As a designer, it’s easy to get immersed in the details of a piece or collection, but can be more of a challenge to embrace the production side of operations. So how to prepare when your right brain generally dominates your left? Logical planning and progression is key to building firm working relationships with manufacturers, as is the ability to demonstrate growth potential, brand integrity and that your brand is a suitable fit for their services. Here’s five key steps to get ready to launch the manufacturing process:
Know your product
Ensure that you have a crystal-clear understanding of your product, and its trajectory. Manufacturers often prefer to work with clients who have potential for high, long-term growth, and will typically ask several questions about the product. Be prepared to field questions around projected sales, your target market, and retail vs wholesale pricing as you get started.
Establish a timeline
Having an established and specific timeline prior to meeting with your future manufacturer is integral to negotiating turnaround times, and, therefore, mapping out the production process. However, don’t jump the gun – you’ll generally have to allow more time than you think you’ll need, to accommodate for every step of production as well as a buffer for error. Plus, bear in mind that the factory should always run a pre-production sample before making the marker.
Identify the services you ACTUALLY need
This is key! It’s vital to understand exactly what you need from a manufacturer, and to confirm that they offer this service. As they deal with several designers at varying stages of production, isolating the stage that you’re at and the support you need is hugely beneficial to both parties.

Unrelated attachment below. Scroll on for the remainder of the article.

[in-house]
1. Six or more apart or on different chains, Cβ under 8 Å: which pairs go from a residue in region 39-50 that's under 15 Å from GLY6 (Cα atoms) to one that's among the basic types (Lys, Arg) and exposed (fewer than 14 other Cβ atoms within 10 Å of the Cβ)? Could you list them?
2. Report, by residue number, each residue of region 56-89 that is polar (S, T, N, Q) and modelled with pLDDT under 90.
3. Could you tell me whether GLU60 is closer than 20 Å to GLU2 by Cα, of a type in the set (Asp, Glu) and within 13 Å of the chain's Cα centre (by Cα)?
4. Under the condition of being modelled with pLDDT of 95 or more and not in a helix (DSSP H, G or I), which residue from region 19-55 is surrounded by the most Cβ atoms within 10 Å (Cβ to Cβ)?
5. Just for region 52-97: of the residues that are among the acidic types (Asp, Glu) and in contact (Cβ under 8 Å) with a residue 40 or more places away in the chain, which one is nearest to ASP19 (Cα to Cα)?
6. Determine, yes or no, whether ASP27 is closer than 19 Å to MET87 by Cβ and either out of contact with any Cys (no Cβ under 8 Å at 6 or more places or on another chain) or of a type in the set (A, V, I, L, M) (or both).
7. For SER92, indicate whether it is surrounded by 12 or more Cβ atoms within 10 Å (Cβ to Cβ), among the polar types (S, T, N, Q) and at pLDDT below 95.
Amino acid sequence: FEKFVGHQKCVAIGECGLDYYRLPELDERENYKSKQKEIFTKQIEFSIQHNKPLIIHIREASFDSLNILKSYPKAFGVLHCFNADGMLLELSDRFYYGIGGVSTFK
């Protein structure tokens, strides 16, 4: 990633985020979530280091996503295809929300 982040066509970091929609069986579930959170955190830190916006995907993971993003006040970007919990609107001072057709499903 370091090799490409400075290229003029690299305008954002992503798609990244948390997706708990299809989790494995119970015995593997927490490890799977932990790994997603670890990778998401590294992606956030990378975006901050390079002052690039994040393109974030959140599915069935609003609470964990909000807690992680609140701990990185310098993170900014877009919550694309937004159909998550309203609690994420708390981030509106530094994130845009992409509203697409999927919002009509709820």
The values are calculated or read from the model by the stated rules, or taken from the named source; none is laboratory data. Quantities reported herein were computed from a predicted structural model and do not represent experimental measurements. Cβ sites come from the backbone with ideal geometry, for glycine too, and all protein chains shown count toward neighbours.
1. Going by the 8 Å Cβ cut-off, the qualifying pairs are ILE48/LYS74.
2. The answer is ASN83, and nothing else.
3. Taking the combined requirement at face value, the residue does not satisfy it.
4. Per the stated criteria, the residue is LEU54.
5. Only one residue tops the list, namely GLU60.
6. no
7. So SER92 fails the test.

Illustrate the construction methods
By this point, you should have a tech pack to show manufacturers. If you don’t, your best option is to know each and every component that makes up your product. Here, you’ll consider the finishes, hardware, materials, labels, trim, buttons, webbing and so on that comprise your final design and product. Designers that aren’t formally trained can still do this by examining similar products to identify the different types of construction and decorate features. In doing so, you’ll be able to articulate how you want the product constructed when you’re finally in talks with the manufacturer.
Know your numbers
Don’t overstretch yourself by choosing a factory that falls outside of your price range. Don’t be afraid to comparison shop in order to truly do your research. A smart way of determining how much you’re able to spend – and how much you’ll need to spend – is by creating a line item pricing guide to determine all associated costs. And remember – while making in America can sometimes run at a higher cost than manufacturing overseas, you can often turn around production faster, navigate logistics such as shipping more seamlessly, don’t have to deal with time differences and language barriers at crucial moments, and aren’t bound by colossal minimum orders. Check out our Map of Made in America to find factories near you that can assist with your project.
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